When I was a kid my father and brothers used to catch blue claw crabs. Eating them was a fun, but messy process. These days I don’t have much patience for that process, but I do enjoy N.Y. Noodletown’s salt baked soft shell crabs, and I love munching on the pickled crab in a Thai papaya salad. Believe it or not after more than 30 years of eating Chinese food, I had yet to eat a Dungeness—or donkey as my father used to say—crab until last week. Fresh seafood is a staple of Cantonese cuisine, so what better place to try the giant crustacean than Flushing’s Canton Gourmet. (more…)
Kulu’s sawdust pudding is way better than it sounds.
There are more than a few a misconceptions about Chinese desserts floating around. There’s the completely wrong-headed notion that Chinese civilization was exposed to sugar later than its Western counterpart and therefore its desserts are simply not as good. Another perhaps less foolish notion, of which I am personally guilty, is that all Chinese desserts are either heavy and buttery like egg tarts and jindui, the fried Chinese “doughnut” filled with red bean paste.
As I’ve learned from experience with the wonderful dou hua or flower tofu from Soybean Chen, these Western misconceptions are just that. Last week Jayson Chong, owner and creator of Kulu Desserts, helped me to further dispel these lao wai misconceptions by introducing me to his more modern, lighter take on Chinese sweets. (more…)
Spectacular Sichuan street food can be had at No. 25.
“It’s the same thing as New World Mall Food Court,” a local restaurant owner said of downtown Flushing’s latest entrant in the Queens Chinatown food court game. Indeed the first thing one sees when entering the month-old New York Food Court is Tokyo Express, a fake Japanese chicken teriyaki joint that looks suspiciously like the one in New World Mall. And, yes just like at New World Mall Food Court, there’s yet another branch of Lanzhou Hand Pull Noodles as well as several spicy stir fry by the pound places, including the ridiculously named Incredibowl. Nonetheless I’ve been able to ferret out some good stuff. Let’s start with Szechuan Taste, No. 25, which lies just beyond the jivey Japanese. (more…)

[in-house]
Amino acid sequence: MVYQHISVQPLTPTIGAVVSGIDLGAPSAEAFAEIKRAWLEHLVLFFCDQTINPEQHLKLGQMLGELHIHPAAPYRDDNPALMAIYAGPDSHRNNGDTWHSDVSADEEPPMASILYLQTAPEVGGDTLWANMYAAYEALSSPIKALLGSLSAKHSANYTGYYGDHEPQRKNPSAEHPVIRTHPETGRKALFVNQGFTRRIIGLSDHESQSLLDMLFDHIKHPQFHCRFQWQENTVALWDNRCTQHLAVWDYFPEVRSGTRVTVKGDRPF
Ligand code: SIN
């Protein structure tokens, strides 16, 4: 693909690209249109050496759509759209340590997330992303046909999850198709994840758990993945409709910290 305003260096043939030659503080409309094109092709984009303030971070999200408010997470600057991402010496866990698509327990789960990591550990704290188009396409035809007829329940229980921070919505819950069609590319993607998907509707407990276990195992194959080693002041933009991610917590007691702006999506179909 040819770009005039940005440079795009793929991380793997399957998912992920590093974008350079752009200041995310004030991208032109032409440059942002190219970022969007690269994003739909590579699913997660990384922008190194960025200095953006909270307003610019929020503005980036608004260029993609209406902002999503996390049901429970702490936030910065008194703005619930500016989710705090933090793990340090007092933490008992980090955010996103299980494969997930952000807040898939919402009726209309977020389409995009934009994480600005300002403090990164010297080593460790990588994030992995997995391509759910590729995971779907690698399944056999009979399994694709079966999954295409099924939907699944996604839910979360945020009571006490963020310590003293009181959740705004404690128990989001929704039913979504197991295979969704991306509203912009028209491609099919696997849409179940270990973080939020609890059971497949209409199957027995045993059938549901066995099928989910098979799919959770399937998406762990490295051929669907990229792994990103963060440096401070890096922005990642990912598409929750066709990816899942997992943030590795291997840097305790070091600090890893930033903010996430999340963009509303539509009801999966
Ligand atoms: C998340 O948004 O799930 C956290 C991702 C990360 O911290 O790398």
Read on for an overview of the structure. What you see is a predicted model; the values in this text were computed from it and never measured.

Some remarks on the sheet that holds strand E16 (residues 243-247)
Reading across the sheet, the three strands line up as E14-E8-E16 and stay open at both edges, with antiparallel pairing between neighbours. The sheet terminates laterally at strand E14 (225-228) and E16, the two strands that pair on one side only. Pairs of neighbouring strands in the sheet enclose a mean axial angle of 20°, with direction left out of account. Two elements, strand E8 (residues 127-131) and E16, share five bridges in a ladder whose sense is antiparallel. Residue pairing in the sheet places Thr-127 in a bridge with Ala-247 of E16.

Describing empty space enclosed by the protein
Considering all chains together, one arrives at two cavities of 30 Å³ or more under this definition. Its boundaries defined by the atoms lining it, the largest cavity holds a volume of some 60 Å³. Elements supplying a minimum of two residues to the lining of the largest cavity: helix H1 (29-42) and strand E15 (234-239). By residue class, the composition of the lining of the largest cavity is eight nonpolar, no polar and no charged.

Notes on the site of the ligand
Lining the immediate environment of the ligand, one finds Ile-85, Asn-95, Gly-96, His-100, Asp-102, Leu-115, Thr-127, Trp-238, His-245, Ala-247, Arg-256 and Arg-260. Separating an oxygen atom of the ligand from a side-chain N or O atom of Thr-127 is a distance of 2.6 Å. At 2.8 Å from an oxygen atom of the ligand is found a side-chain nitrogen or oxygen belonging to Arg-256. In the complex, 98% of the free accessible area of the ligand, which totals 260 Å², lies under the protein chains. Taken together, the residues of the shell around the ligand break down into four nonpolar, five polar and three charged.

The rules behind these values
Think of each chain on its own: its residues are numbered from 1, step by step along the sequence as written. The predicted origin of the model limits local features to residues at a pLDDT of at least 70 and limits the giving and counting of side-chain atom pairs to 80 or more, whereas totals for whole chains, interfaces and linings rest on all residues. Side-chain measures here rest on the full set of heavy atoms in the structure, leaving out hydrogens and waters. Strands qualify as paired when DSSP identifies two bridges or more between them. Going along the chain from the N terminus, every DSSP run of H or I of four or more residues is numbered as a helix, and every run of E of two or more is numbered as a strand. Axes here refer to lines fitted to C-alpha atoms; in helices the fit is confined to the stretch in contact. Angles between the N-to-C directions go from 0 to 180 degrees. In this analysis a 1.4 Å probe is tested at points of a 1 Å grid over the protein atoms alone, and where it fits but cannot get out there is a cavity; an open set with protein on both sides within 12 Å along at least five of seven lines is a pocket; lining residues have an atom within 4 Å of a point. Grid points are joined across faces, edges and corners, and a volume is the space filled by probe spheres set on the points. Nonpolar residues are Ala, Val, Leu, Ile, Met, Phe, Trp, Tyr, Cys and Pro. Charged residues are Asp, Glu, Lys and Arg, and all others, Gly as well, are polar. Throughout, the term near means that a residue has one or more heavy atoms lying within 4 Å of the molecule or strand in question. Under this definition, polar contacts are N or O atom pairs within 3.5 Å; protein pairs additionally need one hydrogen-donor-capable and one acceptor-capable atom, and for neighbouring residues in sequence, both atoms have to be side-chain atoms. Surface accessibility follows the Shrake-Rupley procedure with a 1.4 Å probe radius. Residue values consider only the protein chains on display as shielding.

At the new Deli Manjoo Korean sweets are selling like hot cakes.
“Is there a Korean donut place like that one in Eater,” my doughnut obsessed pal asked via text message the other day. “Not sure,” I responded, but there are at least two places that sell piping hot Korean sweets. Deli Manjoo, the newest, opened in the bustling J-Mart supermarket a few days ago and is doing a brisk business. (more…)
Rosanna Scotto and I about descend into the Golden Shopping Mall Food court.